What is the message of ebooks?
In his famous Playboy interview, Marshall McLuhan elaborates on his most powerful statement that ‘the medium is the message’ (Understanding 7) by noting that ‘the content or message of any particular medium has about as much importance as the stenciling on the casing of an atomic bomb’ (‘Playboy’ 238).
What McLuhan focuses on instead are the psychological and social effects of new media, ‘the change of scale or pace or pattern [they] introduce into human affairs’ (Understanding 8).
Perhaps, ebooks are still too young a medium to fully assess their psychological and social effects, but several studies already give partial answers. For instance, in an article published in the Proceedings of the National Academy of Sciences, Daniel Aeschbach and his co-authors document the following findings:
The use of light-emitting electronic devices for reading, communication, and entertainment has greatly increased recently. We found that the use of these devices before bedtime prolongs the time it takes to fall asleep, delays the circadian clock, suppresses levels of the sleep-promoting hormone melatonin, reduces the amount and delays the timing of REM sleep, and reduces alertness the following morning. (1232)
Quite apart from such health effects, Kindle users may want to ask themselves how their reading experience is enhanced or diminished by a number of features not available for print books:
information about average hours and minutes it takes to read a book
display of progress reports such as percentage of the book read or average reading time until the end of the chapter or book
marking of those passages that were most frequently highlighted by other users
access to dictionaries and general reference information (X-Ray)
option to go online
Kindle FreeTime, which allows parents to make selected books available to their children, set reading goals, and monitor progress. Kindle FreeTime also allows children to monitor their own progress and earn achievement badges for reaching milestones.
Finally, the increasing distribution and use of ebooks also has legal, political, and economic consequences. In his essay ‘Disowning Commodities: Ebooks, Capitalism, and Intellectual Property Law,’ Ted Striphas cites both supporters and detractors of the further digitization of books. Among the supporters, one finds early voices such as that of Jack Romanos, the president of publisher Simon & Schuster, who in 2000 predicted that ‘the ebook revolution will have an impact on the book industry as great as the paperback revolution of the 60s’ (qtd. in Striphas 231).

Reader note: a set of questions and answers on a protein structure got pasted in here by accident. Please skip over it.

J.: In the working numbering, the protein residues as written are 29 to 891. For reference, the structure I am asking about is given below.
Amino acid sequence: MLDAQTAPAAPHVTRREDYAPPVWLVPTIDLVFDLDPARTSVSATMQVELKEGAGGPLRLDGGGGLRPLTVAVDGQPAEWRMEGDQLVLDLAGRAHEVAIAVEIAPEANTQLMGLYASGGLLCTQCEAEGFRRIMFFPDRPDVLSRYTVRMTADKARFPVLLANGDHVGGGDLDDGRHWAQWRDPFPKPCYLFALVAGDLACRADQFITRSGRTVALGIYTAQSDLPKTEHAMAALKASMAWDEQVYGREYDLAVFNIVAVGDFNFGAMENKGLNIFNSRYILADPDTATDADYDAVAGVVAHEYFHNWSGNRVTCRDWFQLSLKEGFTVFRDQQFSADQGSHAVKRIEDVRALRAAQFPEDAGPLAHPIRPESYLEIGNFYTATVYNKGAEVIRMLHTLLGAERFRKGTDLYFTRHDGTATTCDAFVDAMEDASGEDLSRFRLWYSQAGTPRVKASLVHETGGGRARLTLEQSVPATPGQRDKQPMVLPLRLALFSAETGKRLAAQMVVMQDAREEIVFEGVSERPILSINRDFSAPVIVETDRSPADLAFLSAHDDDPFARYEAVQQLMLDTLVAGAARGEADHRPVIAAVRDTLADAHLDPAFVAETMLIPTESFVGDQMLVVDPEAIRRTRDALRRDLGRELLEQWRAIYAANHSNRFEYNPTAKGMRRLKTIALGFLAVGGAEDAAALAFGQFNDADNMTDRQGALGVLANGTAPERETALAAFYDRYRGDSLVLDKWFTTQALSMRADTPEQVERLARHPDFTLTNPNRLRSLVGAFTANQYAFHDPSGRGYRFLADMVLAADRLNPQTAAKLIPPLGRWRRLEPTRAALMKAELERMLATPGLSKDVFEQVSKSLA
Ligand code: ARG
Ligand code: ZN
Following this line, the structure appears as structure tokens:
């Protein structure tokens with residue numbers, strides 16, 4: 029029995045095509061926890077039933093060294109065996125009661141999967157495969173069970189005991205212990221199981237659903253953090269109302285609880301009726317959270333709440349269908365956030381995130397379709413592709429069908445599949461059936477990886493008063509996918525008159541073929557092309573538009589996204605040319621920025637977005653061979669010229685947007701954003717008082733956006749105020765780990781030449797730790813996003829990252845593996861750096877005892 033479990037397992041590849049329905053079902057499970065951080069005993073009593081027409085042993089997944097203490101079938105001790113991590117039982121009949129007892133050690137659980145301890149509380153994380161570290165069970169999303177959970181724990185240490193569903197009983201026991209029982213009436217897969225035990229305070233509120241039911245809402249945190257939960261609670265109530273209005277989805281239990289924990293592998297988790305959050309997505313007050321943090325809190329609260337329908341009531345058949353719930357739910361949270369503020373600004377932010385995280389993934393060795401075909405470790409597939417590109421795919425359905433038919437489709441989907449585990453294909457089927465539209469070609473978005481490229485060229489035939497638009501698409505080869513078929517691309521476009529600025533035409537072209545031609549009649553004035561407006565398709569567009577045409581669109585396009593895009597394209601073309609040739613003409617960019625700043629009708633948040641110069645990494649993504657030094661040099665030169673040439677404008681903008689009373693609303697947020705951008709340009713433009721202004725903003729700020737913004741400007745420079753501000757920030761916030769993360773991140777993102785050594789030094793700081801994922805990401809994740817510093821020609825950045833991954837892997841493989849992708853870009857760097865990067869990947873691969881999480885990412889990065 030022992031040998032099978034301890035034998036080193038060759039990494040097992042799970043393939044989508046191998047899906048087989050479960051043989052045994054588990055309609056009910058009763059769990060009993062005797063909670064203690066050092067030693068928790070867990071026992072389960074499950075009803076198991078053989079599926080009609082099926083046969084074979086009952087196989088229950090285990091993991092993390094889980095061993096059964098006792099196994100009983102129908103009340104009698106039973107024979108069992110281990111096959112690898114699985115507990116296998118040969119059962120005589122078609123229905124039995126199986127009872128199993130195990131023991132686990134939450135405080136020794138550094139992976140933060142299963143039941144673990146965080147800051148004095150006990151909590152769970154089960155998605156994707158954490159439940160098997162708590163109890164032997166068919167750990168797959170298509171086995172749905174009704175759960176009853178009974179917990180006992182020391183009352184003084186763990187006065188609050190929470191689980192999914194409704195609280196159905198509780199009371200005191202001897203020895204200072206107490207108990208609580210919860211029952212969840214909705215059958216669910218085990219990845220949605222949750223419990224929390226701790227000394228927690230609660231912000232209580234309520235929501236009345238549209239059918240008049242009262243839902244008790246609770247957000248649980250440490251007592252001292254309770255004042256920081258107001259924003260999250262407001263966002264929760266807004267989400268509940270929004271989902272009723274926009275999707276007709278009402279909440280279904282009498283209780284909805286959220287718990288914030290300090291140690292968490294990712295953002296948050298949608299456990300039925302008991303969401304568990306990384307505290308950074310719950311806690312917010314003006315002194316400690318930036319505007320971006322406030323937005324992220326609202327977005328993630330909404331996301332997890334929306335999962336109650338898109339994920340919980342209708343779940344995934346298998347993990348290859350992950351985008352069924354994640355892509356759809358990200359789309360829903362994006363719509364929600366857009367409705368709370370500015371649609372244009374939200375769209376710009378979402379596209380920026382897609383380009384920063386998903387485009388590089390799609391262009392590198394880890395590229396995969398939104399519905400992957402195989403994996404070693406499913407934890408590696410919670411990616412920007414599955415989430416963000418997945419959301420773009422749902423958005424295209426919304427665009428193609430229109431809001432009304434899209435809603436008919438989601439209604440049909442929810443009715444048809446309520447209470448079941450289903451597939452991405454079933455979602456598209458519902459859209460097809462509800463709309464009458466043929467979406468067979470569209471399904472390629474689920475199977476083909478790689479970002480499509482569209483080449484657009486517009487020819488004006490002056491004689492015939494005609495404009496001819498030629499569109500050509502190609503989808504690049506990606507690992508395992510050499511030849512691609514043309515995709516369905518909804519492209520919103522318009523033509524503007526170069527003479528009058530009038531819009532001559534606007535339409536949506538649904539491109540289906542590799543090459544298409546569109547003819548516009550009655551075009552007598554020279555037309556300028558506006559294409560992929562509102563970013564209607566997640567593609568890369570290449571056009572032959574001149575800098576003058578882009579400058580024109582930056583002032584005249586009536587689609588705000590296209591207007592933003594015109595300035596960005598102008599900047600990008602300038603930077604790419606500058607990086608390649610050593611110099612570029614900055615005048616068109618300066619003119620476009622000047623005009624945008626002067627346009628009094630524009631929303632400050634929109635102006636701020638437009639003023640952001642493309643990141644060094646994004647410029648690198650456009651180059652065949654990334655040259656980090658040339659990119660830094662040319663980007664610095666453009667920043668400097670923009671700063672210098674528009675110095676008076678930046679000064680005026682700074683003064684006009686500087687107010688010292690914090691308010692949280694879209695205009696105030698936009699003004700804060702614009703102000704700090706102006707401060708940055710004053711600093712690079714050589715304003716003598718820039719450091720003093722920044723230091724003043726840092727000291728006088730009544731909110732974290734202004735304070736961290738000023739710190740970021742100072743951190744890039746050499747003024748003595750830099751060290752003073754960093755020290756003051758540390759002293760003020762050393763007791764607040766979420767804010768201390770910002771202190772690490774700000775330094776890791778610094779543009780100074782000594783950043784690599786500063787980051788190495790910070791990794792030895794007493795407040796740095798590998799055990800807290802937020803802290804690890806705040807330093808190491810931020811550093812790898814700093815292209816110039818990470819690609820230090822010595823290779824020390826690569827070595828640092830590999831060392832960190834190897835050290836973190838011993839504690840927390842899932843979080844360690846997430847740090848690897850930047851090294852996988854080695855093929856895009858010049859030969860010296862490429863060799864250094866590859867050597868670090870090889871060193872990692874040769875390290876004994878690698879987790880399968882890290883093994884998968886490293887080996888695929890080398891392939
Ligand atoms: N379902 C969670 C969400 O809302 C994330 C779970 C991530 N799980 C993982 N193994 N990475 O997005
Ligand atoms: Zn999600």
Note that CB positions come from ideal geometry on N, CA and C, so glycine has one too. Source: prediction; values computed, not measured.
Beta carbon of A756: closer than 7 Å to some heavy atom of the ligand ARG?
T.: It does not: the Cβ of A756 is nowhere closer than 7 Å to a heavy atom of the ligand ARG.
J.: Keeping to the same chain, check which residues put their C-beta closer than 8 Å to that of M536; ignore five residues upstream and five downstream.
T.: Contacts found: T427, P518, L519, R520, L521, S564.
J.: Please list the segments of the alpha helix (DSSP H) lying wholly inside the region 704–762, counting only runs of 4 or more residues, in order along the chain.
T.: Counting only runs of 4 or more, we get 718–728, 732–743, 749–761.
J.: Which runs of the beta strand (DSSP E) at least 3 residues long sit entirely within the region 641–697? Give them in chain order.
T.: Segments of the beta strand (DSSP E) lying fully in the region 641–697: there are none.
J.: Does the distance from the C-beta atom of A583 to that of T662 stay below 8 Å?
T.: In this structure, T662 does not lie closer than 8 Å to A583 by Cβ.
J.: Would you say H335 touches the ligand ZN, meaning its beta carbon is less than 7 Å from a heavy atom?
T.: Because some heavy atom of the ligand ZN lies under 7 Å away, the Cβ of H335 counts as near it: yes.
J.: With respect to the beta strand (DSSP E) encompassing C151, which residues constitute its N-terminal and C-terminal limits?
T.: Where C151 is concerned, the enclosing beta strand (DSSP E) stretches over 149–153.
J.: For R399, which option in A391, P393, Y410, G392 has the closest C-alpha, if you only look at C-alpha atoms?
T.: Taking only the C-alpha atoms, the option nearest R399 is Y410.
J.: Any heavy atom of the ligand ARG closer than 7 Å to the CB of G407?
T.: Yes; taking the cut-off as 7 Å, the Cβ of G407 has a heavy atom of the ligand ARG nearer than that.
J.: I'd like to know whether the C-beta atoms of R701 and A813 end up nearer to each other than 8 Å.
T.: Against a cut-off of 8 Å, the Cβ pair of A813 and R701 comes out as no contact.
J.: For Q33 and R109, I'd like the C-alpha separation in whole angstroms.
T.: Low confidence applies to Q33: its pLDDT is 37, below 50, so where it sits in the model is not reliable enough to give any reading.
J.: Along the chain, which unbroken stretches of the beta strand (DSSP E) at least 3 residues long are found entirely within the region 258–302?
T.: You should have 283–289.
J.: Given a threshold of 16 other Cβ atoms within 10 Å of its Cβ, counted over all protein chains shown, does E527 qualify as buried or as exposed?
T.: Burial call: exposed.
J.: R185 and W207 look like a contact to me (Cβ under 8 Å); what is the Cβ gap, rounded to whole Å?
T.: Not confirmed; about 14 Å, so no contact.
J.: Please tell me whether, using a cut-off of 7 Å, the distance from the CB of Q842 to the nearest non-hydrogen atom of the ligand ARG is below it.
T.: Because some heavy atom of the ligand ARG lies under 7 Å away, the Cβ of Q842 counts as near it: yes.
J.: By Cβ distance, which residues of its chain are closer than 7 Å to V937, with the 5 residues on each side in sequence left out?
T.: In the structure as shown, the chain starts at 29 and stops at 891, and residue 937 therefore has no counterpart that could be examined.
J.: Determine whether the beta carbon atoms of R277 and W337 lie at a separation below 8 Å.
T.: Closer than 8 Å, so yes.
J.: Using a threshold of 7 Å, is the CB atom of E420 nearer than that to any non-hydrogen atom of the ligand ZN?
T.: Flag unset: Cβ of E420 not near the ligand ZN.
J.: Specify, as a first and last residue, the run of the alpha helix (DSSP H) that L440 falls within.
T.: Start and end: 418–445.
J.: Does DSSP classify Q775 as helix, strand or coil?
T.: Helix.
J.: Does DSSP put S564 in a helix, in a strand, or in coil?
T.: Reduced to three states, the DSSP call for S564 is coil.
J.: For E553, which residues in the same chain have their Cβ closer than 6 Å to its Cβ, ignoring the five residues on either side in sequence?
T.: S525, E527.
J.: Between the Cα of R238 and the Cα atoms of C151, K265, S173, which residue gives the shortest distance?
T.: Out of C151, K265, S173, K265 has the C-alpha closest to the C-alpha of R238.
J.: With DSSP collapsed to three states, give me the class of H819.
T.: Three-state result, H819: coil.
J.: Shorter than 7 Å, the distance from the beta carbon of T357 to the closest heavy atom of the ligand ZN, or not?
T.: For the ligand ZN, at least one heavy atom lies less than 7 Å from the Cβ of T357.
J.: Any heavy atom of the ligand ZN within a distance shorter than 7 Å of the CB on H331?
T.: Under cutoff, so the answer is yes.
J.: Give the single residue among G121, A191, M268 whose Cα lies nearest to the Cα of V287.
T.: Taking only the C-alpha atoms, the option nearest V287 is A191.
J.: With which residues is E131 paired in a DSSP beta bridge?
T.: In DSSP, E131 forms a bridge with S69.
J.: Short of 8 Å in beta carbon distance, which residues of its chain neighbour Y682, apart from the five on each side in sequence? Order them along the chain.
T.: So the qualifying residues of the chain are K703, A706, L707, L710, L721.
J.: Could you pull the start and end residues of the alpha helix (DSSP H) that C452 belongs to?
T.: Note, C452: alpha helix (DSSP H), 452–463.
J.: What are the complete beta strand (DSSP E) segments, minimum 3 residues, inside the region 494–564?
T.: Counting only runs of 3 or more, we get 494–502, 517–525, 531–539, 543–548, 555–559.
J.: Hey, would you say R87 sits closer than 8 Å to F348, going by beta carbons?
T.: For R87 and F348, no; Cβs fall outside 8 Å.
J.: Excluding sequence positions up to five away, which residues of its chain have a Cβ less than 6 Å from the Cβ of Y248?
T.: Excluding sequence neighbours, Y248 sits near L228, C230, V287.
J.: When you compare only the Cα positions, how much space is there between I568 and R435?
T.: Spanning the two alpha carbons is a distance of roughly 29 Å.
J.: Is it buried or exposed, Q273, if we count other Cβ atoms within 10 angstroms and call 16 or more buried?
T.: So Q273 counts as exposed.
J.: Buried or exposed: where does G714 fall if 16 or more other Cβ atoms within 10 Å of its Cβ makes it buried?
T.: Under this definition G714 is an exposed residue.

Among the detractors, one finds those who state that publishers’ encryption of ebooks so that they cannot be passed along to fellow readers and friends seriously restricts the right to private property. An ebook owned by someone unable to share it with others is an ebook only partially owned. As Striphas points out:
By ‘activating’ Microsoft’s Reader software, in other words, one cedes to ebook publishers, Microsoft, and other interested parties much of one’s ability to circulate, dispose of, and reproduce the encrypted ebooks one has purchased […]. Digital encryption thus allows authors, publishers, and others to monitor and regulate the disposition of ebooks in ways that exceed existing intellectual property laws (249).
In summing up the position of ‘left-leaning cyber and legal critics’, Striphas notes that they pinpoint
three alarming and interrelated trends […]: first, the accelerated fencing off of the (knowledge) commons; second, the gradual transfer of private property from ordinary people to multinational media conglomerates and other enfranchised interests; and finally, the dampening of human creativity, resulting from intensified restrictions on the circulation and public use of signs (250).
Aeschbach, Daniel, Anne-Marie Chang, Jeanne F. Duffy, Charles A. Czeisler. ‘Evening use of light-emitting eReaders negatively affects sleep, circadian timing, and next-morning alertness.’ Proceedings of the National Academy of Sciences, 112.4 (2015): 1232–1237.
McLuhan, Marshall. ‘Playboy Interview: Marshall McLuhan − A Candid Conversation with the High Priest of Popcult and Metaphysician of Media.’ Essential McLuhan. Ed. Eric McLuhan and Frank Zingrone. Concord: House of Anansi Press, 1995. 233–69.
McLuhan, Marshall. Understanding Media: The Extensions of Man. New York: MIT Press, 1994.
Striphas, Ted. ‘Disowning Commodities: Ebooks, Capitalism, and Intellectual Property Law.’ Television & New Media 7.3 (2006): 231–60.
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